The discovery of over 1200 marihuana plants found in a farmer's field in Traveller's Rest late last month illustrates just how serious the problem of drifting can be, especially for organic producers, says the women's district director of the National Farmers Union.
On July 24, members of the Prince District Joint Forces Operations Drug Unit were in the field after receiving a tip from the public that there were marihuana plants located there. The search resulted in the seizure of 1,250 immature marihuana plants, which is one of the largest plant seizures ever in the province. The plants were interspersed with the actual crop and consisted of both male and female marihuana plants. The location of the field was not released.
A statement from the RCMP indicates police are operating on the assumption the plants likely originated from a crop of marihuana being planted in the general area of the field at some time in the past that later went to seed.
"The seeds would have been worked into the soil when the farm land was tilled, resulting in the haphazard pattern of plants throughout the large field," the police noted. "While it is common to find small pockets of marihuana plants in situations similar to this, this is an anomaly and illustrates how outdoor marihuana grow operations can have unintended results."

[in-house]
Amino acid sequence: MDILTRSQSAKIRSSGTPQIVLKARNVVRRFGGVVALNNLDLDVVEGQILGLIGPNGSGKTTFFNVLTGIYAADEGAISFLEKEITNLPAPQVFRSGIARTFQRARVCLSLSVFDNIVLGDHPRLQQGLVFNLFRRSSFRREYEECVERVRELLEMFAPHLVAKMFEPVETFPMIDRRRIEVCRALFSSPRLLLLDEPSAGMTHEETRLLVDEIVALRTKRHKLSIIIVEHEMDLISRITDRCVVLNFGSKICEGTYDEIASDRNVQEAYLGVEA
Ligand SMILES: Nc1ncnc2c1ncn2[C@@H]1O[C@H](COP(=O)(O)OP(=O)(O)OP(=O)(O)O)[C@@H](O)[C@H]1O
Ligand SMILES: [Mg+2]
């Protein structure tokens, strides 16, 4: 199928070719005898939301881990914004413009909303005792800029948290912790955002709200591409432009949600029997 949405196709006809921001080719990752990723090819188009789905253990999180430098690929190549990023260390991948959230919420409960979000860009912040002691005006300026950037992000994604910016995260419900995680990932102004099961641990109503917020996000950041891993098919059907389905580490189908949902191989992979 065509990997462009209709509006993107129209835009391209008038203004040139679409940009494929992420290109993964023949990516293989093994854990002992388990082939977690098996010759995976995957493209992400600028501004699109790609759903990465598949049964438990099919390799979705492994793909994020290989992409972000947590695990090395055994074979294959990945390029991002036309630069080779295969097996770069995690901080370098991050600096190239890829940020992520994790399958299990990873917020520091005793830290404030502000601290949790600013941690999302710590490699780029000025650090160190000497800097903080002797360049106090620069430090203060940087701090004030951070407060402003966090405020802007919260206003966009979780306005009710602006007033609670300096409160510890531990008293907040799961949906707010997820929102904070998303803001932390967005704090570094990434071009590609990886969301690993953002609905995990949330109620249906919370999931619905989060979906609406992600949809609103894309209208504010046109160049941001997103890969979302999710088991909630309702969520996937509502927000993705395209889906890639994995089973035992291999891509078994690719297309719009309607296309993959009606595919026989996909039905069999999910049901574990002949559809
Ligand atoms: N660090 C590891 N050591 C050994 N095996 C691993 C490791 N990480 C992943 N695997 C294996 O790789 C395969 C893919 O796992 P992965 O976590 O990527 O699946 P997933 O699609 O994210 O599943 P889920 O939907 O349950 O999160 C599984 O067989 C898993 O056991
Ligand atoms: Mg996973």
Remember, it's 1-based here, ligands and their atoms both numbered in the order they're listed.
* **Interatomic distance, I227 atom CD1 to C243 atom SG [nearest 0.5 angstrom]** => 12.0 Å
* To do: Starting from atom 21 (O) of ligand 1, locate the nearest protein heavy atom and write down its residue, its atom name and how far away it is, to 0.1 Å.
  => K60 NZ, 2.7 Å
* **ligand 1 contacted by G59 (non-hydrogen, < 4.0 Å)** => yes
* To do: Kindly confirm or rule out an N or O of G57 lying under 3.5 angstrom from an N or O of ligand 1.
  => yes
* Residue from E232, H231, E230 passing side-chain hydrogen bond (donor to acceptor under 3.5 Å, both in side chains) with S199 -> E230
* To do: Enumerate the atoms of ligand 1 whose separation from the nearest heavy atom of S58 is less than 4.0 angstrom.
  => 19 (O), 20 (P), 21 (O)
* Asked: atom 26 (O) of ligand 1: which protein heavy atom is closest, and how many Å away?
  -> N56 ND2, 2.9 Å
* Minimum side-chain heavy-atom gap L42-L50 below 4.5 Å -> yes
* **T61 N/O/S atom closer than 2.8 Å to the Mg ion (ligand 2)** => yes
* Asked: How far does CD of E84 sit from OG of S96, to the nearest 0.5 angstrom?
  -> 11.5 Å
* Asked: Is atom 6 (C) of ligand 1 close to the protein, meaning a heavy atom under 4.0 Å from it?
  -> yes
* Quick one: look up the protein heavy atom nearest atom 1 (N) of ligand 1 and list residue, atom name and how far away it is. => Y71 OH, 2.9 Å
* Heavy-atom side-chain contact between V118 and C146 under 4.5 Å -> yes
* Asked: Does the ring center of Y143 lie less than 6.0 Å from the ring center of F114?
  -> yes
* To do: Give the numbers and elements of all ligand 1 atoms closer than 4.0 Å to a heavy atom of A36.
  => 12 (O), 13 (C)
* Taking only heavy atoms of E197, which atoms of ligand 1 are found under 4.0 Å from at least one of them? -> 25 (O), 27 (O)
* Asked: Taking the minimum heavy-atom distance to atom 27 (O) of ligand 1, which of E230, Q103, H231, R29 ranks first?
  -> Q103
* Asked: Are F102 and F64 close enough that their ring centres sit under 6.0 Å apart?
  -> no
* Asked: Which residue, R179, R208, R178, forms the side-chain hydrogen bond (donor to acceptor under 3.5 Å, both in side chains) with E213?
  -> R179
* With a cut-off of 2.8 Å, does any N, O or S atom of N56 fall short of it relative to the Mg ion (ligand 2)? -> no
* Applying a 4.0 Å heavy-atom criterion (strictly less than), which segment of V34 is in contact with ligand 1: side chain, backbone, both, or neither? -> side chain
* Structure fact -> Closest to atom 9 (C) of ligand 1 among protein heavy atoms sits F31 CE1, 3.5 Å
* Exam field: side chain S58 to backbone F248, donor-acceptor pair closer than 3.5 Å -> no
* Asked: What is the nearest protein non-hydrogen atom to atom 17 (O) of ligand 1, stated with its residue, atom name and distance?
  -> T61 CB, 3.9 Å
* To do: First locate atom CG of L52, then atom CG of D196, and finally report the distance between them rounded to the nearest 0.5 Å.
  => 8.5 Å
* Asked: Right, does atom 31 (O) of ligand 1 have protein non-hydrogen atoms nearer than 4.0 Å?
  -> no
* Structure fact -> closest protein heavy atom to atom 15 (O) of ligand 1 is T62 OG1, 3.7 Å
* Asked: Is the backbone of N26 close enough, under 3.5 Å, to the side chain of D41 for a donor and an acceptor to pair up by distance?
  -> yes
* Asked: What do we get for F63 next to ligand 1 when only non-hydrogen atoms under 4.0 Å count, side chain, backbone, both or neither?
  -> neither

Edith Ling agrees wholeheartedly. She said the seizure reminded her of the case of Saskatchewan farmer Percy Schmeiser, who fought a lengthy court battle with Monstanto on patent rights, after roundup ready canola seed drifted onto his farm. The case went all the way to the Supreme Court of Canada . The case, which Schmeiser eventually lost, drew worldwide attention.
The women's district director said she is especially worried in cases where genetically modified crops are grown in close proximity to non-GMO varieties. For example, she said the province has built up a good market selling non-GMO soybeans to Europe and Japan.
"If they ever got contaminated with GMO products, that market would be gone just like that," she noted.
As well, she said producers are finding themselves dealing more and more with "super weeds" -nuisance plants that grow very fast and spread very quickly. Ling said drifting between farms can unfortunately helps that process.